(Baker City Brides, Book 5)
How did a simple hello turn into something so complicated?
Love is about to leave one lawman thunderstruck in this sweet historical romance!
Cultured and full of grace, Delilah Robbins agrees to accompany her meteorologist father to his new post in Baker City, Oregon. Expecting a primitive place, she’s delighted to discover an up-and-coming town with plenty of surprises as well as a place she can turn into a sanctuary for her beloved birds. As she settles into life in the western town, she unwittingly creates a riff between two deputies when they both fall for her charms.
Deputy Dugan Durfey only meant to extend a friendly welcome to a newcomer. But the moment he set eyes on the meteorologist’s delightful daughter, Dugan’s heart was no longer his own. Since his best friend and fellow deputy suffered the same fate, Dugan struggles to do what’s right. He’ll fight jealousy, outlaws, and a wily raccoon to keep Delilah safe, but the greater battle lies in overcoming his fears to profess his love.
Filled with humor, adventure, and plenty of sweet romance, Lightning and Lawmen highlights the history of the era and blends it with the timeless feelings of discovering true love.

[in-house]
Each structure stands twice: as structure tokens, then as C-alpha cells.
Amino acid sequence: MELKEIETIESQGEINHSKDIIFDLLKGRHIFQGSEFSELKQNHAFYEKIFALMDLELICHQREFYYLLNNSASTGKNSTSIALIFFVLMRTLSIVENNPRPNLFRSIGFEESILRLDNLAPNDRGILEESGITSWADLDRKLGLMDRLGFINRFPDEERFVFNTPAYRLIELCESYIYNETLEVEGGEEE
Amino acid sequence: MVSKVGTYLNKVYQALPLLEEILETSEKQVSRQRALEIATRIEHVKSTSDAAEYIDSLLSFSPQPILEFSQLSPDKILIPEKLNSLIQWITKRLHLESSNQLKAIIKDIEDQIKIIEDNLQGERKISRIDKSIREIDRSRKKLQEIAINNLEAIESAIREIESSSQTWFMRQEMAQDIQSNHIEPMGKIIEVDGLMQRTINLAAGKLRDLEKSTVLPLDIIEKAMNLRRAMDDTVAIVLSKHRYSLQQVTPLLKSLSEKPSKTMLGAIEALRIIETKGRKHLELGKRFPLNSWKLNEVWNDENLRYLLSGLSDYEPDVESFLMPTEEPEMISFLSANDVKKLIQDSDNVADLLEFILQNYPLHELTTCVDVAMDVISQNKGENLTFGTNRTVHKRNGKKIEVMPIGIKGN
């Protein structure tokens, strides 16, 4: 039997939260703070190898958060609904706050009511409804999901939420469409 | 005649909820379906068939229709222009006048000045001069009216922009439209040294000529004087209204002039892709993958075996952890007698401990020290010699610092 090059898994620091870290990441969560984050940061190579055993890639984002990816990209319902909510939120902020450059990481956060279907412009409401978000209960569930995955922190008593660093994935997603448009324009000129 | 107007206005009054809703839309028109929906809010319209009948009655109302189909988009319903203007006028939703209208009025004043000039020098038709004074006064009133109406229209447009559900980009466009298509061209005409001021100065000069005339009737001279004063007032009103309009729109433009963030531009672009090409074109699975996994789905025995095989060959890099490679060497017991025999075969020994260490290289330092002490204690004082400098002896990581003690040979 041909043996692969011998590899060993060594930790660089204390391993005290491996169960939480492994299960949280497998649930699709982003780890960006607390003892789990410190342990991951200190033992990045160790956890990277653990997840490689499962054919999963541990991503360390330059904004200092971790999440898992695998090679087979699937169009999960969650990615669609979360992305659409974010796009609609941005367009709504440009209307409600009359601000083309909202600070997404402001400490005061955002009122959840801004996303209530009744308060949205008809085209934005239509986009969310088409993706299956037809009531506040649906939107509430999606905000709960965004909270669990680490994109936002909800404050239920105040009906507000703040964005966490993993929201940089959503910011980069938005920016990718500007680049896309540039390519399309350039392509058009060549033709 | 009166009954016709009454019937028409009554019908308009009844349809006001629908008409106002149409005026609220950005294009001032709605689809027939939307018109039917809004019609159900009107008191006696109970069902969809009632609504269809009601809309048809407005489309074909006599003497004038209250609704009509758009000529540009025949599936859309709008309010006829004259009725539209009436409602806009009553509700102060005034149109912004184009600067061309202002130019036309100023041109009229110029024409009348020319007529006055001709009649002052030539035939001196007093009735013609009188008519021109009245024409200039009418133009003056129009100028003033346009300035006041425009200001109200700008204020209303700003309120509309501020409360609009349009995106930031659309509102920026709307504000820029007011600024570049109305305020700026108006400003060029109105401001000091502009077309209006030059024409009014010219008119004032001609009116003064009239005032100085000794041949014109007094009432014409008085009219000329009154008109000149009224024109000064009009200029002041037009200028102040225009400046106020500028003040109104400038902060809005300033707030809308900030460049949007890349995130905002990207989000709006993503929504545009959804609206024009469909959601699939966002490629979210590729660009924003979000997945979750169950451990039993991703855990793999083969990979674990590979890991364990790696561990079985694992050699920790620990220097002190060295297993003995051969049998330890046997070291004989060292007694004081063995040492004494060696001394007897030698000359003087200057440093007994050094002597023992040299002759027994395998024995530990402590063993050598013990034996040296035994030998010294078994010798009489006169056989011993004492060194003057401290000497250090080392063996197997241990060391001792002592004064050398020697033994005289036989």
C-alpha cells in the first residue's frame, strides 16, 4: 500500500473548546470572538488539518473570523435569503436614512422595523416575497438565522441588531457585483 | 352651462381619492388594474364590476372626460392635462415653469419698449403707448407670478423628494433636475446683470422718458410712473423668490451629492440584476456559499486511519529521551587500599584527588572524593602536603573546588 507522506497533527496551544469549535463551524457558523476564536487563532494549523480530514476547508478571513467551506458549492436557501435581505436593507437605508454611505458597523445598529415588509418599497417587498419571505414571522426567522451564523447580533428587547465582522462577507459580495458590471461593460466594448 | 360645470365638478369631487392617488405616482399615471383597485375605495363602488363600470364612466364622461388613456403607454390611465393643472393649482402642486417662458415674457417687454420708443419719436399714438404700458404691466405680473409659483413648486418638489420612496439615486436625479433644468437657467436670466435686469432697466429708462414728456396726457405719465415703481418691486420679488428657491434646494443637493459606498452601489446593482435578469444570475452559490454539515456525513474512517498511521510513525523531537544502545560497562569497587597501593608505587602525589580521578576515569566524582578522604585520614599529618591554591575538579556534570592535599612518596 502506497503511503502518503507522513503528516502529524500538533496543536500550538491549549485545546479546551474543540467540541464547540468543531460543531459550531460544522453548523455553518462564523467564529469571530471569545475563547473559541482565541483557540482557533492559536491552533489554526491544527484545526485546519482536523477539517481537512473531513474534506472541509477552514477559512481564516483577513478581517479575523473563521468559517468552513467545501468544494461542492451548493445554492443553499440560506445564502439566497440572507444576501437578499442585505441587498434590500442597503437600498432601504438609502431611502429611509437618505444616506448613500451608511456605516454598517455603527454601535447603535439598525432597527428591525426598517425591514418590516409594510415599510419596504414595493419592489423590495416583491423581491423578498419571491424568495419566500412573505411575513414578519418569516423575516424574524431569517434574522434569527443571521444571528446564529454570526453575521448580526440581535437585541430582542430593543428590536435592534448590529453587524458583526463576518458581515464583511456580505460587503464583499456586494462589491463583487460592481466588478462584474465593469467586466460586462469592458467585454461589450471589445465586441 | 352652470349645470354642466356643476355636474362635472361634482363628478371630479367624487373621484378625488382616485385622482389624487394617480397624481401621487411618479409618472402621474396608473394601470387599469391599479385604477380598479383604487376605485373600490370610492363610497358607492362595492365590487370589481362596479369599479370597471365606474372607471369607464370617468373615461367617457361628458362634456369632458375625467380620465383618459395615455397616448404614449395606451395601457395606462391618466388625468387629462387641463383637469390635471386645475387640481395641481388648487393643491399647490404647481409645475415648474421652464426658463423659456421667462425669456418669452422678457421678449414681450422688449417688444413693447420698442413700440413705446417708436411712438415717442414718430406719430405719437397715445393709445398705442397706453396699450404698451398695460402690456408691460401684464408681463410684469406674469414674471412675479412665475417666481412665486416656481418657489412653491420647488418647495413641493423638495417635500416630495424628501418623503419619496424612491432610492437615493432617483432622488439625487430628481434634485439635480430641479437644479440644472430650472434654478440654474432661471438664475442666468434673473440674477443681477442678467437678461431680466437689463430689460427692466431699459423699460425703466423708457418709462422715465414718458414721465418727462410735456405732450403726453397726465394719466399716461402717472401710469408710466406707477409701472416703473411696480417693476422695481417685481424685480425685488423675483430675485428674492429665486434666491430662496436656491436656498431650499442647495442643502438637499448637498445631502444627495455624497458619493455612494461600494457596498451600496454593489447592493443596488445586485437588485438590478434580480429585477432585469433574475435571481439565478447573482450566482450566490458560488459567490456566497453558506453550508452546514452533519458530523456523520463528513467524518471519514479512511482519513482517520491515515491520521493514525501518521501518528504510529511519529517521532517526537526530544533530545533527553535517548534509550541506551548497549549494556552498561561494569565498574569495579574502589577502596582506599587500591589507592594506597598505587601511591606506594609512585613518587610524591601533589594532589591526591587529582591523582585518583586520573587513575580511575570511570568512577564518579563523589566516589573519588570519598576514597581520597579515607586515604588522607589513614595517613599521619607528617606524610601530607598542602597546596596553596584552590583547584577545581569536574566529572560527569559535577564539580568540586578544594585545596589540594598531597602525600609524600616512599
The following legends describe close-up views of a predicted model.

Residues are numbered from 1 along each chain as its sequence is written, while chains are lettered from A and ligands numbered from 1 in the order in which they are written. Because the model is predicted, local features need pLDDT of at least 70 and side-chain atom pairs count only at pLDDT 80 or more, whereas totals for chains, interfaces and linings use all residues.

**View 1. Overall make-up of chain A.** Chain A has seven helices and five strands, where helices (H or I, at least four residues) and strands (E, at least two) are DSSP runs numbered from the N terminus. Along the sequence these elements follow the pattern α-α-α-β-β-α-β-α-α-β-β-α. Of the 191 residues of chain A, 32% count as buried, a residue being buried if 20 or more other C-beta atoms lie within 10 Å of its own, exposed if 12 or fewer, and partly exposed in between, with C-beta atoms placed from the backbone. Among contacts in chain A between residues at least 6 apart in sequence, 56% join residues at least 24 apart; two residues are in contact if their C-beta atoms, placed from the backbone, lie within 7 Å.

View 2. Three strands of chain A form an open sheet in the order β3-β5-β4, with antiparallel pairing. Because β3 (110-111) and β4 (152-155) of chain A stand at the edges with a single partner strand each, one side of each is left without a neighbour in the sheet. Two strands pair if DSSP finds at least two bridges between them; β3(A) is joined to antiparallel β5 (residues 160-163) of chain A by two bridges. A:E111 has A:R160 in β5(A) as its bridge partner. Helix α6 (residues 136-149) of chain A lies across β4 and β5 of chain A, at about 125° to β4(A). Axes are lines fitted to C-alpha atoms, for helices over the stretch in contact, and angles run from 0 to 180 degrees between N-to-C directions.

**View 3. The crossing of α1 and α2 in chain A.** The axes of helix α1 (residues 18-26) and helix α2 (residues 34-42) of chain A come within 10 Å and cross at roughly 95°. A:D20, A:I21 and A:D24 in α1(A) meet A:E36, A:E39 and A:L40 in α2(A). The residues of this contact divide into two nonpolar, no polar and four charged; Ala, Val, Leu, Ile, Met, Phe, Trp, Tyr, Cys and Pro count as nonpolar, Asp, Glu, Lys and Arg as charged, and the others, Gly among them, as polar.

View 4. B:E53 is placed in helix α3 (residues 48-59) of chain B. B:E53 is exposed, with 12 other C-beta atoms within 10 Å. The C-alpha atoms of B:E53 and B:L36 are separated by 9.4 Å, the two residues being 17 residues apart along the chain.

Just as he strolled around the corner by the sagging front fence, he heard a woman’s scream rip through the peaceful afternoon.
Dugan drew his pistol and ran the last few yards to the house. He crossed the front walk in seconds, bounded up the steps, and rushed inside. No one was in the hallway or the front parlor. He glanced into the dining room then continued down the hall to the kitchen. It was empty so he backtracked to the hall and continued to where two bedroom doors opened across from a bathroom.
The sight of pink stocking-clad calves, shapely ones at that, sticking out from beneath a froth of petticoats greeted him as he glanced into the first bedroom. An overturned chair and a surprisingly sensible black boot that looked impossibly small for a woman to wear were the only things on the floor in the room.
As he holstered his pistol, he lifted his gaze and stared at the woman clinging half in the attic space. Her stomach rested against the edge of the opening to the attic while her legs dangled in the air. Decorative ceiling tiles that were at least two feet square covered the ceiling. He could see how it would have been easy to disguise an entrance into the attic that way. It appeared the woman had shoved the tile aside and climbed up to investigate what was in the attic.
“Miss Robbins?” Dugan asked, tamping down his amusement and the urge to run his hands up those exposed stockings. “It’s Deputy Durfey. Just hanging around today, are you?” he teased.